Rochester High updates safety policies


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Holly McDonald, Editor in Chief

In light of the tragic events at Oxford High School, Rochester High School has increased its safety measures and updated safety protocol. Recent adaptations to safety policies include restricting off-campus lunches to seniors, limiting visitors, increasing safety presence, and limiting the number of students in the halls during class time.

According to RHS administration, the school is committed to ensuring the safest and best possible learning environment for all students.

“I think the biggest thing that Oxford highlighted to neighboring communities is that unfortunately, these events can happen anywhere,” RHS Principal Mr. Joshua Wrinkle said. “It’s important to always be considering what safety protocols are and making sure they are up to date, and that people know what to do in those situations. I think one of the other things that came out of it was that people were really taking drills seriously and looking into how to report things, or how to help a friend in trouble.”

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RHS has always had an increased safety presence within the school. Rochester is partnered with the organization “SafeEd” which provides professional security within schools.

“I did 27 years at Fraser Public Safety, where I was a police officer, a firefighter and paramedic,” SafeEd security officer Mr. Kieth Zilenski said. “I was the school liaison officer for Fraser High School for six years. I did a lot of specialized training. About half of us have some type of police or security background, and we’re all first-aid and CPR trained.”

Every year, each high school in the district is required to complete a certain number of drills covering all types of emergencies in order to assure students and staff know how to respond in a dangerous situation.

“The state requires that we do five fire drills, two tornado drills, and three lockdown drills,” Mr. Wrinkle said. “One of the lockdown drills has to be done at an alternative time, so that means passing time or lunchtime.”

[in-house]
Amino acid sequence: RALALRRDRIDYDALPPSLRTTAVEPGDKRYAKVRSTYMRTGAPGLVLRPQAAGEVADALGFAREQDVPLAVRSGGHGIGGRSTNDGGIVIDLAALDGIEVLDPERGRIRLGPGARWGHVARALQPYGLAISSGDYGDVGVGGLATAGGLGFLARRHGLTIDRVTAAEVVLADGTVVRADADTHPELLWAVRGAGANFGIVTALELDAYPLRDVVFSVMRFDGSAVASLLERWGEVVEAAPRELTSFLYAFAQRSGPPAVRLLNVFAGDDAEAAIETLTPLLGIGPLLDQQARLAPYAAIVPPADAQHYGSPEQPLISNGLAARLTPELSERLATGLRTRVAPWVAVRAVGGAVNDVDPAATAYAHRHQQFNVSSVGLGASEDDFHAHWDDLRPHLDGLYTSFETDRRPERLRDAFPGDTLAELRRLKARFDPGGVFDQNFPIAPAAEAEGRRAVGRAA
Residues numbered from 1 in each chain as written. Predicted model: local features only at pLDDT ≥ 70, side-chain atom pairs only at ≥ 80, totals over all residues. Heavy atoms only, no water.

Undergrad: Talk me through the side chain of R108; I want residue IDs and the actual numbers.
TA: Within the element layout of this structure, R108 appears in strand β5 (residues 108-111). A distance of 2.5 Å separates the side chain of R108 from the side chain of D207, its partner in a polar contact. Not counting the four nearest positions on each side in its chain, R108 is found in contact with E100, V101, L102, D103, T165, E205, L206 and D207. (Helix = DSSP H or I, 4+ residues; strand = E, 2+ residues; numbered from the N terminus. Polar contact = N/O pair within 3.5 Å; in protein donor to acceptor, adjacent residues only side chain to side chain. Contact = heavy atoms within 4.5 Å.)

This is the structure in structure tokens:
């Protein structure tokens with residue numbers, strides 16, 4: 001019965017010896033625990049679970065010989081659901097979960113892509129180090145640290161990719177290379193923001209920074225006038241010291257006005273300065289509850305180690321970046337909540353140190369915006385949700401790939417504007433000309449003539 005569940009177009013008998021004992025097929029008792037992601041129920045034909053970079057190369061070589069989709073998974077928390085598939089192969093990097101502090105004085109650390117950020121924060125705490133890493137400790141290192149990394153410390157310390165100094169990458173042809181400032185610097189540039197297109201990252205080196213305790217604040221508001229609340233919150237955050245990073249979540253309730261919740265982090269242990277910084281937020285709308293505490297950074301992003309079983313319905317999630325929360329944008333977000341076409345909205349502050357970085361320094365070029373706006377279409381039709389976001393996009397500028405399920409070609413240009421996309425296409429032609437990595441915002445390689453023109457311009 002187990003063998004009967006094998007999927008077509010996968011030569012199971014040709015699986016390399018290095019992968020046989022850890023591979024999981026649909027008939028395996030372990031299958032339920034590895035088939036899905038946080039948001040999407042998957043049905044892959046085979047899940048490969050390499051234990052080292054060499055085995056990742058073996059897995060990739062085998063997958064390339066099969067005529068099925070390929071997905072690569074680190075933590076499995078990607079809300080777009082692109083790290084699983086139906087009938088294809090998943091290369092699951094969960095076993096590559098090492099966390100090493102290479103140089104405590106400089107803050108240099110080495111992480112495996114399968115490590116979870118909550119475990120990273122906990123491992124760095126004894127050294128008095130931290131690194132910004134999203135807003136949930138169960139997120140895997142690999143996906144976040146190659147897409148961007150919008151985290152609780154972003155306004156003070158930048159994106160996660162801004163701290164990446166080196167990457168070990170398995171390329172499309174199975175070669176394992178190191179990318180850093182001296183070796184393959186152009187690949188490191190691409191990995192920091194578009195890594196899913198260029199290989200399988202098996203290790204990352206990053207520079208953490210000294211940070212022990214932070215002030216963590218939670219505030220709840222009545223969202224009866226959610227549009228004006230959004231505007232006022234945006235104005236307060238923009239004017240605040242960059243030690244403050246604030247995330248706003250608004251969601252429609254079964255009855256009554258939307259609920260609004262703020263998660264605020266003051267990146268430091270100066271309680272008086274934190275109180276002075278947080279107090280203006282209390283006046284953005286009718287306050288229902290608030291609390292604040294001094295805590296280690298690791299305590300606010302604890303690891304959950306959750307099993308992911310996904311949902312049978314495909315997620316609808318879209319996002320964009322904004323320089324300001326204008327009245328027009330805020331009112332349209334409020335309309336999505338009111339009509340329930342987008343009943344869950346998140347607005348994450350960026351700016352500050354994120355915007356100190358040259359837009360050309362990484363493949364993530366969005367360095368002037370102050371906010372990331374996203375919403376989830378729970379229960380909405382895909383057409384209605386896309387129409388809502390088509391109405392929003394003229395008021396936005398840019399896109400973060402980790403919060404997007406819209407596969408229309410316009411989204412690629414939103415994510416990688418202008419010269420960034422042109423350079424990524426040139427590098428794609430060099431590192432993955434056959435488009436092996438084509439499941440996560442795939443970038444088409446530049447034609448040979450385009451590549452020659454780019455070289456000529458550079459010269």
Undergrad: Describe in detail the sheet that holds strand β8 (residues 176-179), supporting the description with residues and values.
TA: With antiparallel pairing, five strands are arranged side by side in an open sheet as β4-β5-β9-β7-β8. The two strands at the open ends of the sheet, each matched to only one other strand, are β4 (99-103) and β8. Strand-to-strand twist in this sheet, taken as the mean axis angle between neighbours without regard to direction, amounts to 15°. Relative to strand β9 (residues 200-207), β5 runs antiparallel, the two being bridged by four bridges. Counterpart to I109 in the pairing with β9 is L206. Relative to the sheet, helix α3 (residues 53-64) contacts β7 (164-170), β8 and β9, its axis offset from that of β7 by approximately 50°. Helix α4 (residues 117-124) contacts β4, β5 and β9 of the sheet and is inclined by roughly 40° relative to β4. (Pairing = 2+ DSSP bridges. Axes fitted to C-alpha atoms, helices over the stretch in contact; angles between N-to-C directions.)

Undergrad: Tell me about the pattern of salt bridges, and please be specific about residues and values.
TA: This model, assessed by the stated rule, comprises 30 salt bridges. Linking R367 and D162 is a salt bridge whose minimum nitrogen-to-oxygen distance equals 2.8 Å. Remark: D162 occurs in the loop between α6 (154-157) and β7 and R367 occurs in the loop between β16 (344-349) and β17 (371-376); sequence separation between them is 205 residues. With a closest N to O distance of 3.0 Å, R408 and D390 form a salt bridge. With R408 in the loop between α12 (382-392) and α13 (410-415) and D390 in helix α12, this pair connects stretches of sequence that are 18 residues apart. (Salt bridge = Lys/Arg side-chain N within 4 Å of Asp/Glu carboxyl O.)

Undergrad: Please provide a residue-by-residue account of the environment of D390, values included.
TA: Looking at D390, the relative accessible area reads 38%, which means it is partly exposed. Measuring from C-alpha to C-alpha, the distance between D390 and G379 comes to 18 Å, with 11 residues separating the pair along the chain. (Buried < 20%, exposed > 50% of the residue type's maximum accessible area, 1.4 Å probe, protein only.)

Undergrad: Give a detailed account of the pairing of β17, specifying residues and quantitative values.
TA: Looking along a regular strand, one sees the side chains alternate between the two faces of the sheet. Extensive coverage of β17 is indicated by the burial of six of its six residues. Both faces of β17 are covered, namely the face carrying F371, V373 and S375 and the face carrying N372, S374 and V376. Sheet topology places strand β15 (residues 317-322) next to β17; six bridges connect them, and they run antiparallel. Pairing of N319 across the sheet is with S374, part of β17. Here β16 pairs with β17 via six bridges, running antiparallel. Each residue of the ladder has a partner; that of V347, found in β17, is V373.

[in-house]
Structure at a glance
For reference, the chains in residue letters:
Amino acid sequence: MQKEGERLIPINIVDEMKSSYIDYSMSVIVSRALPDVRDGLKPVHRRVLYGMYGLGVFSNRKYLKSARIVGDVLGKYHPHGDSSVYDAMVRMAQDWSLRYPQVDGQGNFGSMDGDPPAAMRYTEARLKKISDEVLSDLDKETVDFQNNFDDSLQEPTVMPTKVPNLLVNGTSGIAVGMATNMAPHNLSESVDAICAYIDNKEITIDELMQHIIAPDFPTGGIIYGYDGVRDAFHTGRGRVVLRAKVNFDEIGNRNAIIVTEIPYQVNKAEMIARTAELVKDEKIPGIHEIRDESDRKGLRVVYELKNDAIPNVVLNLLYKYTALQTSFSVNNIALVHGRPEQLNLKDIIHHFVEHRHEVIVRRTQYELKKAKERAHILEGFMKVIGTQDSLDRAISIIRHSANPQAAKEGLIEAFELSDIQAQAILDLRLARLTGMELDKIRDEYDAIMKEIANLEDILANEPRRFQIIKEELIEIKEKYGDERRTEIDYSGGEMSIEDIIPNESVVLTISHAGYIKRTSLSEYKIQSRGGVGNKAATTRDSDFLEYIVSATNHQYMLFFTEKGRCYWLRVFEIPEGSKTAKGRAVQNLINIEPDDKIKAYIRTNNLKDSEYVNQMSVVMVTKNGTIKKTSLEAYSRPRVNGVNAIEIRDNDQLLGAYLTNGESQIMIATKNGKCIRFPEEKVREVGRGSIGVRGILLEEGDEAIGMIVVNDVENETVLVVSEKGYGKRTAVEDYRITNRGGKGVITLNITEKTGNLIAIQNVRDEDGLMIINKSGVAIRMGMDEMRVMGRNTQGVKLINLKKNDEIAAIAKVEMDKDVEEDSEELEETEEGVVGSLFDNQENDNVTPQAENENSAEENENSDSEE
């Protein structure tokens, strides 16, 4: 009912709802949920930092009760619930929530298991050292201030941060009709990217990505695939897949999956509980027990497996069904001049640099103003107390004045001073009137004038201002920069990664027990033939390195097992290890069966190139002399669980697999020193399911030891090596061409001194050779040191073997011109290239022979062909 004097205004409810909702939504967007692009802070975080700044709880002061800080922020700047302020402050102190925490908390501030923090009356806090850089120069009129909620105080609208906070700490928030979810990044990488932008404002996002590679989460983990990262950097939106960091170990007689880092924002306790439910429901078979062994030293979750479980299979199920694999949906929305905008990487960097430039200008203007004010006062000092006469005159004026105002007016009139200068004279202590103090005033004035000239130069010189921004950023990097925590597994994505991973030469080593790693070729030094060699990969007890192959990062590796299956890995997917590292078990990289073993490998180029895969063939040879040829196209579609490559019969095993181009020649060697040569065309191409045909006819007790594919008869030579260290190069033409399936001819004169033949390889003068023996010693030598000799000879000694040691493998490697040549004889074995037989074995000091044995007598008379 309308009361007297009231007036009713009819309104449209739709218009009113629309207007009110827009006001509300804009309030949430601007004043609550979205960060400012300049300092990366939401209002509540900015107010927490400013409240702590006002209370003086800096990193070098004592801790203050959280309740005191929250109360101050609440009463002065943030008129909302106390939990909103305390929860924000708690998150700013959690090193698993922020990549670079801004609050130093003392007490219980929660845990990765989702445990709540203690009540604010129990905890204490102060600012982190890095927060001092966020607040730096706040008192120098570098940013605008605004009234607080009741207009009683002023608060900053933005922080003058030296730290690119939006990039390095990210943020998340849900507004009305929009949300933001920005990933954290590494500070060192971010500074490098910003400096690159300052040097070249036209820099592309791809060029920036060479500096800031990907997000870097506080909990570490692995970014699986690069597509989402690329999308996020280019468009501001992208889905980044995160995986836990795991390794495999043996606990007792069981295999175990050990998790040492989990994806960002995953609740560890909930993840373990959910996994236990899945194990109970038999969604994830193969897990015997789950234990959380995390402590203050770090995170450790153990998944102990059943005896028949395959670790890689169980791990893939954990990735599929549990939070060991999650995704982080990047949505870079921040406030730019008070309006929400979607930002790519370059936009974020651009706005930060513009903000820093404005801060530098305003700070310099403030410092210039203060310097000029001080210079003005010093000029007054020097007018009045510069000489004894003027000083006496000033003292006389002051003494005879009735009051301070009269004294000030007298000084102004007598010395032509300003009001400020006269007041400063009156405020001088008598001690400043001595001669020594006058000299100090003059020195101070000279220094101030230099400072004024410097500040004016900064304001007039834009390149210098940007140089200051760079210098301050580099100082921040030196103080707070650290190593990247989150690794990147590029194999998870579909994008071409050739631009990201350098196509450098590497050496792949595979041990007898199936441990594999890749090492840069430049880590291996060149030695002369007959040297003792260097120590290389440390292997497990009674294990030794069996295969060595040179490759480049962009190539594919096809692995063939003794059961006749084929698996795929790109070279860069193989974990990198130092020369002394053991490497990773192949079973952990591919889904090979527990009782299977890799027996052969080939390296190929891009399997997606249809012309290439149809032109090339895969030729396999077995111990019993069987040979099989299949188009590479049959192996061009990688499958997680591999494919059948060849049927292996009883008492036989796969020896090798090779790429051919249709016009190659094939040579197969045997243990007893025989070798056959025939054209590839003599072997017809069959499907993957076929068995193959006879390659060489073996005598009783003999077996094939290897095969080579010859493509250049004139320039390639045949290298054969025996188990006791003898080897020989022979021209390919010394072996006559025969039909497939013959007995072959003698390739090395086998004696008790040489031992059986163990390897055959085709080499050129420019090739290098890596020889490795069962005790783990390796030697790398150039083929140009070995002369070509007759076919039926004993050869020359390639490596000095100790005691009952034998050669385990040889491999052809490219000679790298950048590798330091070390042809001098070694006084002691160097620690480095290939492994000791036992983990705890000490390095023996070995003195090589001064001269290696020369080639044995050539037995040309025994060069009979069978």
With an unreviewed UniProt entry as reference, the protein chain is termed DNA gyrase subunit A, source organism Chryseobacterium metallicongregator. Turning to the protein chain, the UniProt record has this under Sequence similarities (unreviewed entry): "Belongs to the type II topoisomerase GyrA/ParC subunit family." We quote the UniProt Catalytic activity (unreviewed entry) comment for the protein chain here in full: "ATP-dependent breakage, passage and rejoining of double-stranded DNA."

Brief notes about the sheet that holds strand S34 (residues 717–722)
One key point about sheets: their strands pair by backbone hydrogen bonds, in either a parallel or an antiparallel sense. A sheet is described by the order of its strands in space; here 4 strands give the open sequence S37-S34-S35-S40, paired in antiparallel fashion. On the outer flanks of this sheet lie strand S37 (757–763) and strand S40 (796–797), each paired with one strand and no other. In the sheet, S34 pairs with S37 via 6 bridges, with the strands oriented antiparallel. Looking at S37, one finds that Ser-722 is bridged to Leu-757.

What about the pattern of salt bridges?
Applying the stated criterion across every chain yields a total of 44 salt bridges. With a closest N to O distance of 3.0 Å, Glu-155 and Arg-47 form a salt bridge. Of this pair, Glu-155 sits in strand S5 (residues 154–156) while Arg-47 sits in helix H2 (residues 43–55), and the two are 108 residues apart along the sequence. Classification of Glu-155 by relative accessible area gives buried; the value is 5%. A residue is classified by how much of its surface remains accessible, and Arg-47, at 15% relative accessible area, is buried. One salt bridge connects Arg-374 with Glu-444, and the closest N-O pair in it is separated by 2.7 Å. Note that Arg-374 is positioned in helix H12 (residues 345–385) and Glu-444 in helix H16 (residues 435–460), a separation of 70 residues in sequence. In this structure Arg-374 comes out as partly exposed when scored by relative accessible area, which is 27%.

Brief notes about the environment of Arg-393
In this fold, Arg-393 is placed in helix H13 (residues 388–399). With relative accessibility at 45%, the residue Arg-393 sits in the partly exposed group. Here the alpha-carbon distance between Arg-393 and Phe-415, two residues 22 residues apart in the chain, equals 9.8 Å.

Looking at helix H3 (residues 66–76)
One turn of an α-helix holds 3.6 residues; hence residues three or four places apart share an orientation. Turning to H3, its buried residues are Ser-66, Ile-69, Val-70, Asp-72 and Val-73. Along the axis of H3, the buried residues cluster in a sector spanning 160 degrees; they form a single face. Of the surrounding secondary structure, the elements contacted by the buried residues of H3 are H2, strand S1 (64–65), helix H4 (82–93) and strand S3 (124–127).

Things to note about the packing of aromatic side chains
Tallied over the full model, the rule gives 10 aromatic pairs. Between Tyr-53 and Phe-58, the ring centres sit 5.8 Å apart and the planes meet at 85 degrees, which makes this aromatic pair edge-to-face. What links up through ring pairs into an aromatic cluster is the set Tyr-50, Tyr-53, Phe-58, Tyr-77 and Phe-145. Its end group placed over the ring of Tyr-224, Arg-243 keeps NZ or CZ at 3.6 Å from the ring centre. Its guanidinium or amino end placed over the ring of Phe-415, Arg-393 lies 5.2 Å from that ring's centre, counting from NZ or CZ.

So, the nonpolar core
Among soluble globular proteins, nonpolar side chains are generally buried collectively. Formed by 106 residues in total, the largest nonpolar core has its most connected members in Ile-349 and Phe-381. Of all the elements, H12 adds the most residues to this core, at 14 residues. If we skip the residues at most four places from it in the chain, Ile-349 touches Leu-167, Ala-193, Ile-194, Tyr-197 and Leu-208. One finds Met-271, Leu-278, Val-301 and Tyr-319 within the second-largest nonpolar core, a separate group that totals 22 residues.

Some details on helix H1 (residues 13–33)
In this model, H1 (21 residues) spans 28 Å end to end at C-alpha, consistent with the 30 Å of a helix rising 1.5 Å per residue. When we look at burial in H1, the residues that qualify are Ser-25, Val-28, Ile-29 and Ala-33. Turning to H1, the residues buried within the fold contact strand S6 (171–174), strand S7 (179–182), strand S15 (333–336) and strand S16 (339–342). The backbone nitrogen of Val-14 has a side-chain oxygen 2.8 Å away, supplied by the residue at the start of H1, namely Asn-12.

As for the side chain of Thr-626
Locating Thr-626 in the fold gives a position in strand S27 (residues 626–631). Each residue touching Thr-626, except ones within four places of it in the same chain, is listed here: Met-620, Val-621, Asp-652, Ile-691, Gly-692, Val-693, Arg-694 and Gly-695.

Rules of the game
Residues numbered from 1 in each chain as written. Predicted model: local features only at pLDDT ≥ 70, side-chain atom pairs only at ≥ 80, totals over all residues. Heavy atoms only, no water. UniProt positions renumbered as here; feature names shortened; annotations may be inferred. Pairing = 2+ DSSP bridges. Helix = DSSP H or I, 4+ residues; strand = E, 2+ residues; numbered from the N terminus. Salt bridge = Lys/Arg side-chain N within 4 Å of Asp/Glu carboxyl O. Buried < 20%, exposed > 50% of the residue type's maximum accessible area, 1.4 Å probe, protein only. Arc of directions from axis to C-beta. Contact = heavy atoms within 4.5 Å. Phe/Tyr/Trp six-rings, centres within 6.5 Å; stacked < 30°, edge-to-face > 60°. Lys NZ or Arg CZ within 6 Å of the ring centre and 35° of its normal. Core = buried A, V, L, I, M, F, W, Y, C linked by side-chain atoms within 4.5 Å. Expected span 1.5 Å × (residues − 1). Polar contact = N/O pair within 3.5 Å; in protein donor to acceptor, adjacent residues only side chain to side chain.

Many local schools follow the protocol of an ALICE lockdown, which provides more safety measures than a traditional lockdown. (ALICE stands for Alert Lockdown Inform Counter Evacuate.)

“We teach and practice drill components of an ALICE lockdown,” Mr. Wrinkle said. “At Rochester, we may not call it an ALICE lockdown, but there’s a lot of similarities between that program and what we do.”

Safety protocols are reviewed each year by administration, which is followed by a meeting with the SafeEd staff on the new guidelines for the year. 

“When we come to a school, we sit down with the principals who give us the procedures to follow,” Mr. Zilenski said. “But it’s a guide, it’s not a rule. We have to be flexible sometimes. You try to go with that plan, but in any situation when you have to deviate a little bit, then you deviate.”

When a school is placed in an immediate threat, there are many different factors that go into evaluating the safest way to protect students.

“What we always drill is locking down, barricading, and staying quiet,” Mr. Wrinkle said. “But if there’s a circumstance that allows a student or a group of students to exit to safety, we would never have an issue doing so. It is very dependent on the circumstance a person is in and ensuring that if they were going to evacuate somehow, it was done with 100 percent certainty that it is safe.”

In the instance of an emergency where students need to flee, many schools determine a specific meeting location where students should go to reconnect with peers and adults.

“If it’s in a situation where there’s an active, immediate threat, we just want students to get to safety,” Mr. Wrinkle said. “We are working to determine a consistent rallying point, and we have a lot of places right around us that would be willing to take any of you in during an emergency, including neighborhoods as well.”

For many, it’s scary to think about a life-threatening situation and how they would respond. Rochester High wants to reassure students that constant safety measures are taken daily to establish a safe environment.

“It’s hard to say don’t worry,” Mr. Zilenski said. “But if you see some of the things that we do, you would be reassured. Every couple of hours we are checking the doors. I actually go outside, put my coat on, and check on every exterior door to make sure it’s locked. We check every single interior door and we check the bathrooms. Paul is a retired police officer, I’m a retired police officer, and we’re trained to check for odd behavior.”